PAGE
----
ESPN Wisconsin Blogs - Jason Wilde
GREEN BAY – For Aaron Rodgers, winning Celebrity Jeopardy! was genuinely a dream come true.
“It was a bucket list deal for me,” the Green Bay Packers quarterback said after his victory over Shark Tank star Kevin O’Leary and astronaut Mark Kelly on the popular syndicated game show aired nationally.
Which, of course, begs the question: What else is on Rodgers’ Bucket List?
Rodgers listed five more items – in no particular order, and he didn’t say it was a comprehensive list – when asked that question following his Jeopardy! appearance.
GREEN BAY – Clearly, all is 4-given.
While some Green Bay Packers fans may still harbor some ill will toward their prodigal, future Pro Football Hall of Fame quarterback, that group is evidently in the distinct minority, judging by this remarkable ticket-sale fact: The Packers sold a whopping 67,000 tickets for quarterback Brett Favre’s return to Lambeau Field on July 18, when he’ll be inducted into the Packers Hall of Fame and have his No. 4 officially retired.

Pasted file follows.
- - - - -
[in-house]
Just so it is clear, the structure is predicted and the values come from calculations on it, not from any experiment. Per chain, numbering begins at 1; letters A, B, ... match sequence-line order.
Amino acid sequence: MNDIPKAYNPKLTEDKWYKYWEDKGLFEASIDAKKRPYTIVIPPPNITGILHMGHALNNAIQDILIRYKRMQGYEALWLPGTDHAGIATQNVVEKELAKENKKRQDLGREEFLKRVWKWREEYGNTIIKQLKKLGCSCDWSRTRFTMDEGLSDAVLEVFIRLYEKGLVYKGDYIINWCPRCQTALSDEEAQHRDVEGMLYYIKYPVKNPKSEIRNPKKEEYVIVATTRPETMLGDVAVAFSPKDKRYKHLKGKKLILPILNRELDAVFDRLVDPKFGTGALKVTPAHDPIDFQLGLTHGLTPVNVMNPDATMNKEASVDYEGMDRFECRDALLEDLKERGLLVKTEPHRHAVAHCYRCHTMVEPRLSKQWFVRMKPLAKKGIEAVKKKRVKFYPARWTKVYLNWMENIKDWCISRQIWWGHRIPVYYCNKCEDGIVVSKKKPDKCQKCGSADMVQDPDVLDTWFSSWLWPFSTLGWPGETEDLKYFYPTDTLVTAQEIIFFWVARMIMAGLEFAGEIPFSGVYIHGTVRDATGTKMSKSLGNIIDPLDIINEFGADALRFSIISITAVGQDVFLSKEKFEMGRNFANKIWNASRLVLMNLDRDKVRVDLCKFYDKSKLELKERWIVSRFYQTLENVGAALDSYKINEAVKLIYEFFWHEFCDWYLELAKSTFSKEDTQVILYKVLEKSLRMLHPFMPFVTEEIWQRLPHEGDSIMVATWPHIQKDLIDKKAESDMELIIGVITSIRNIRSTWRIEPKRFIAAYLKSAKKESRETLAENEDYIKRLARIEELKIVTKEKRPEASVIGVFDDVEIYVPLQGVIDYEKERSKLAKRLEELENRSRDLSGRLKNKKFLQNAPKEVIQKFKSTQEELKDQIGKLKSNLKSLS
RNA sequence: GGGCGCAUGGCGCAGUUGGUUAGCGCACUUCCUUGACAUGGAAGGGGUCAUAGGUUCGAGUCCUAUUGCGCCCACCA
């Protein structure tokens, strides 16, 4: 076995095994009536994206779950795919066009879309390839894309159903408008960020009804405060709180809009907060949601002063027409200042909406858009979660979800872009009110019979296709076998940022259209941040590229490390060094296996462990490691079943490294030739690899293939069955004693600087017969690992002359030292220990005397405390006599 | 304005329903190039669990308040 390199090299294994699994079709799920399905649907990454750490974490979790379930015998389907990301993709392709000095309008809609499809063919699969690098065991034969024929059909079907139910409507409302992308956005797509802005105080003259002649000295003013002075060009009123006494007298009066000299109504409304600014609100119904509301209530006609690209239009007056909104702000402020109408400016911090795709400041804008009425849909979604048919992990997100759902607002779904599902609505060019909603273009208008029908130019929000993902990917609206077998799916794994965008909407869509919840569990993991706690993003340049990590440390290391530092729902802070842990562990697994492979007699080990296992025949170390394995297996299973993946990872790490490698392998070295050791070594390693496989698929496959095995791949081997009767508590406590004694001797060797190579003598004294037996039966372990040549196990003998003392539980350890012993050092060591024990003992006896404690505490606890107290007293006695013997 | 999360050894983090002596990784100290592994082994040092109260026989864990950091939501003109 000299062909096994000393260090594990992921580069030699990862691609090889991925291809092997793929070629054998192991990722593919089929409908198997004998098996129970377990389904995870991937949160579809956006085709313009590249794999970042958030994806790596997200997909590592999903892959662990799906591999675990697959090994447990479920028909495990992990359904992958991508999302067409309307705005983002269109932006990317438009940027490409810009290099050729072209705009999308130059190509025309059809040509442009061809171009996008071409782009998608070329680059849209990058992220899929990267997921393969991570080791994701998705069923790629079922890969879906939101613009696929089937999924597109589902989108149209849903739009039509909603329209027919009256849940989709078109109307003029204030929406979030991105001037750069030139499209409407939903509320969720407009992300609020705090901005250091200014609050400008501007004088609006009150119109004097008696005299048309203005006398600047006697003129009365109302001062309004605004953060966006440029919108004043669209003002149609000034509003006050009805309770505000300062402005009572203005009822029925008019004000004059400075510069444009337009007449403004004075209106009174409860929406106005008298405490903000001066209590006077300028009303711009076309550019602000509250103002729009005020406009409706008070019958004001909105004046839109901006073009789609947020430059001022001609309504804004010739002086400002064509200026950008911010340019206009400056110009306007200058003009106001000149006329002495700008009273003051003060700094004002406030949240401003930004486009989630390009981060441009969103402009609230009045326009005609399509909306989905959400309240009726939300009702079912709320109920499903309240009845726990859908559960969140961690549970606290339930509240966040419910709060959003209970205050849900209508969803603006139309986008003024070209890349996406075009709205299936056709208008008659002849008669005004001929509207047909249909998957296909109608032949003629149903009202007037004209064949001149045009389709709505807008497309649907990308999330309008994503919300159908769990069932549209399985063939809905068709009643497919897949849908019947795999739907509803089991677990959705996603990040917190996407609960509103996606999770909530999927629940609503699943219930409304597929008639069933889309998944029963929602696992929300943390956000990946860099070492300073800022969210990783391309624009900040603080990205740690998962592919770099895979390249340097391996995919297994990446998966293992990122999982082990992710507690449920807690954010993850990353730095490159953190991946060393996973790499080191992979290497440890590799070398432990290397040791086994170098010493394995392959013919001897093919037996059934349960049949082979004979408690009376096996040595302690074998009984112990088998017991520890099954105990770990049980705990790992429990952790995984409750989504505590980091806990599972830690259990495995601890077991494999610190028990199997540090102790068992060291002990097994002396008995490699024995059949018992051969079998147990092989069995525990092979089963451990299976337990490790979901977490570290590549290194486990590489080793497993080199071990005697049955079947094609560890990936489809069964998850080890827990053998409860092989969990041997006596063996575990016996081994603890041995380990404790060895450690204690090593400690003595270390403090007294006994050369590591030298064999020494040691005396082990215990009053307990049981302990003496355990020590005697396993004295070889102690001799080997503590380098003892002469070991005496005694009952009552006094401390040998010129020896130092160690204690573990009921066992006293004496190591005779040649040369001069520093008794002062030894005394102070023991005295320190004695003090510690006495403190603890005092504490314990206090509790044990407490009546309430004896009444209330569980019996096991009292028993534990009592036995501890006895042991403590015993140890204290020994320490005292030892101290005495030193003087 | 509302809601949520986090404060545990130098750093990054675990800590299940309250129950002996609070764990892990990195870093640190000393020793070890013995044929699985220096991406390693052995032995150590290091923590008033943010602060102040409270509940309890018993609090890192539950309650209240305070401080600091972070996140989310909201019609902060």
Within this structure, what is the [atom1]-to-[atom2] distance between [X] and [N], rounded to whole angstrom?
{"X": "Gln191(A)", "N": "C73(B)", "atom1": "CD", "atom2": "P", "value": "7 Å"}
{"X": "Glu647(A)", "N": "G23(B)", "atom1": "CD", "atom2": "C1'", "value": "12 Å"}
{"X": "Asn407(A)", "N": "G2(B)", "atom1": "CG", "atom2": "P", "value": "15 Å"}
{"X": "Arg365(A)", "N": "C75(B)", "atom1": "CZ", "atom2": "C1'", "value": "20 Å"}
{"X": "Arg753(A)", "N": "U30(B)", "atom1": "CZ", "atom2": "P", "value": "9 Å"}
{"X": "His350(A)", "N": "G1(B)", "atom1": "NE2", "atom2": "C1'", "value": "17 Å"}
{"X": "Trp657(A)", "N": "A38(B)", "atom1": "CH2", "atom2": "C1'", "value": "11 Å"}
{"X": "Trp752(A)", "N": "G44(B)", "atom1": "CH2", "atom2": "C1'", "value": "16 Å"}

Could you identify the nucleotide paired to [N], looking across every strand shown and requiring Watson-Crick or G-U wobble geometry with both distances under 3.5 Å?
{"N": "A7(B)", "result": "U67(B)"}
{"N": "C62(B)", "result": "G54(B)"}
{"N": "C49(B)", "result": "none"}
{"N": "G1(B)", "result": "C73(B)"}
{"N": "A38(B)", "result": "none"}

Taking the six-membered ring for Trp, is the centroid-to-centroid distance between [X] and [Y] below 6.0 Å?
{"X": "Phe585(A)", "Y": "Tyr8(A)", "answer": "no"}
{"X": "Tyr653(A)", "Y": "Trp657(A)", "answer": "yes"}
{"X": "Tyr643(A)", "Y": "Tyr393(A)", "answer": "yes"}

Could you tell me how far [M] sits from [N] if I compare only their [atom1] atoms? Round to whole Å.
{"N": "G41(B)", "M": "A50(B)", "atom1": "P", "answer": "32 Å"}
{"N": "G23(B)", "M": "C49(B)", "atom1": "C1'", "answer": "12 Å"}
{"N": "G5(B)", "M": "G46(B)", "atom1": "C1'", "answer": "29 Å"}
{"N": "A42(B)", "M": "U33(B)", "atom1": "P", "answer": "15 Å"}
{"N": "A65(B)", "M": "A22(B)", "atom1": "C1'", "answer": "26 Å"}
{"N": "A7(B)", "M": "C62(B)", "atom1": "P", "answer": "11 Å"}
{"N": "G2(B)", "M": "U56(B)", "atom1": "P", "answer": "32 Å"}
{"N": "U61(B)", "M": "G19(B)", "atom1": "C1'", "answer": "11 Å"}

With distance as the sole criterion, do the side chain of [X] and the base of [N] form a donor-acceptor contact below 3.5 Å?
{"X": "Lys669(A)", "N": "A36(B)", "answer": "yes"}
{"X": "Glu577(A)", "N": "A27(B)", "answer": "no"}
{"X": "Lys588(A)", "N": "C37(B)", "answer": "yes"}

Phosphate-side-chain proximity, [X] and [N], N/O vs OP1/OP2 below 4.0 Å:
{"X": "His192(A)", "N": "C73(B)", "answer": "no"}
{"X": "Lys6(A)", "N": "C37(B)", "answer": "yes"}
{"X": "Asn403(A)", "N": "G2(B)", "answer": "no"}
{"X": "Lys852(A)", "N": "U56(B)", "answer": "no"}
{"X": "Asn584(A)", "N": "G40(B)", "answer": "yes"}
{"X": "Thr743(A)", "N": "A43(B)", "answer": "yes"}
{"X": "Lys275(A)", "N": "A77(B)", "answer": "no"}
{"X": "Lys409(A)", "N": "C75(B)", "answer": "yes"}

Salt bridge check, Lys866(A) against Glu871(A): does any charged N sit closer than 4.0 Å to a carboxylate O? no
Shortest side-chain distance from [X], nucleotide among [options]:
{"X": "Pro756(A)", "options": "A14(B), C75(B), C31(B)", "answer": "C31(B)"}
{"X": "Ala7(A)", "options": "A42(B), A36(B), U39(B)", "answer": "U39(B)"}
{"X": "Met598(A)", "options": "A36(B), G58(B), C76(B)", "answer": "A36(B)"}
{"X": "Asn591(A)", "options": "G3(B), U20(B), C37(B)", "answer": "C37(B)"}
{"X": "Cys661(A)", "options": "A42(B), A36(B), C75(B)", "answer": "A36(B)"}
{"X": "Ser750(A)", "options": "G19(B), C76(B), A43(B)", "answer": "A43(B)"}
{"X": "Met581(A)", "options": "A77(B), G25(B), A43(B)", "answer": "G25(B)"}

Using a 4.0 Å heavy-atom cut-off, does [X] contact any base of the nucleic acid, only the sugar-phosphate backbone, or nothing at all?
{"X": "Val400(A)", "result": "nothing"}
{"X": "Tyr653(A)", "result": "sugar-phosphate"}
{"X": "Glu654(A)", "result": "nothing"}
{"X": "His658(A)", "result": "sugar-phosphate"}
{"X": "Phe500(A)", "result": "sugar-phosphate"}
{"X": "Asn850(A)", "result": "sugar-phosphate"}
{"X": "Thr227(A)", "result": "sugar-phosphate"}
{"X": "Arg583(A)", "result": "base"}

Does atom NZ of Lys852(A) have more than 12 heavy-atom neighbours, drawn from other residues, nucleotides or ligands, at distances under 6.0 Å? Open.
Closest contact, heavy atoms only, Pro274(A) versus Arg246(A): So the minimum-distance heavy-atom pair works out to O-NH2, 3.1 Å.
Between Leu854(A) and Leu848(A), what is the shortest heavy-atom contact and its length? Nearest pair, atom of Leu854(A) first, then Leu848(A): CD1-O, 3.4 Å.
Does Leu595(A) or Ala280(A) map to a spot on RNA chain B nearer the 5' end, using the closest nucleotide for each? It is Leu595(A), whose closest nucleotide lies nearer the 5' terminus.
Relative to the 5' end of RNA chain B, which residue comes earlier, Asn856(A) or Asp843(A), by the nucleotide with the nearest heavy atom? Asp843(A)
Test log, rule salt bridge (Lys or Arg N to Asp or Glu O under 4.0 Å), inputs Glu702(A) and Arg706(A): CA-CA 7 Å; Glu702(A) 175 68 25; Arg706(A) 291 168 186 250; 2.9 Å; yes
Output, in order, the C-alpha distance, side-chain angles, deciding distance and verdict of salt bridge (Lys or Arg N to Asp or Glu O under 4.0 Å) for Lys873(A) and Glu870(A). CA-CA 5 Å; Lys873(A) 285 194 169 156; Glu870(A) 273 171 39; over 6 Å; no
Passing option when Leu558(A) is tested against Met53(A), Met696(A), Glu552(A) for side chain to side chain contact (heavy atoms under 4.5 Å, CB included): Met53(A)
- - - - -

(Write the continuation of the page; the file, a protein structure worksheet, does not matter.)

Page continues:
Did we mention that those folks will be sitting in the stadium bowl watching Favre’s induction on the scoreboard TundraVision video screens? And that they sold out in less than eight hours?
Yes, Packers fans clearly still love Brett Favre.
Tickets were $4 each with a limit of eight per order. They went on sale at 10 a.m. Tuesday and were gone before 6 p.m.
“We are looking forward to sharing the excitement for Brett Favre’s induction into the Packers Hall of Fame with 67,000 fans viewing the banquet on the video boards in Lambeau Field,” said Packers Hall of Fame Inc. president Perry Kidder. “We are pleased with the enthusiastic response to this viewing opportunity, which will be a special complement to a historic evening.”
Favre will make an appearance in the stadium before dinner at the Hall of Fame induction, which is held inside the Lambeau Field atrium area. Favre is scheduled to return to Lambeau Field on Thanksgiving night, when his name and No. 4 will be unveiled on the north end zone façade.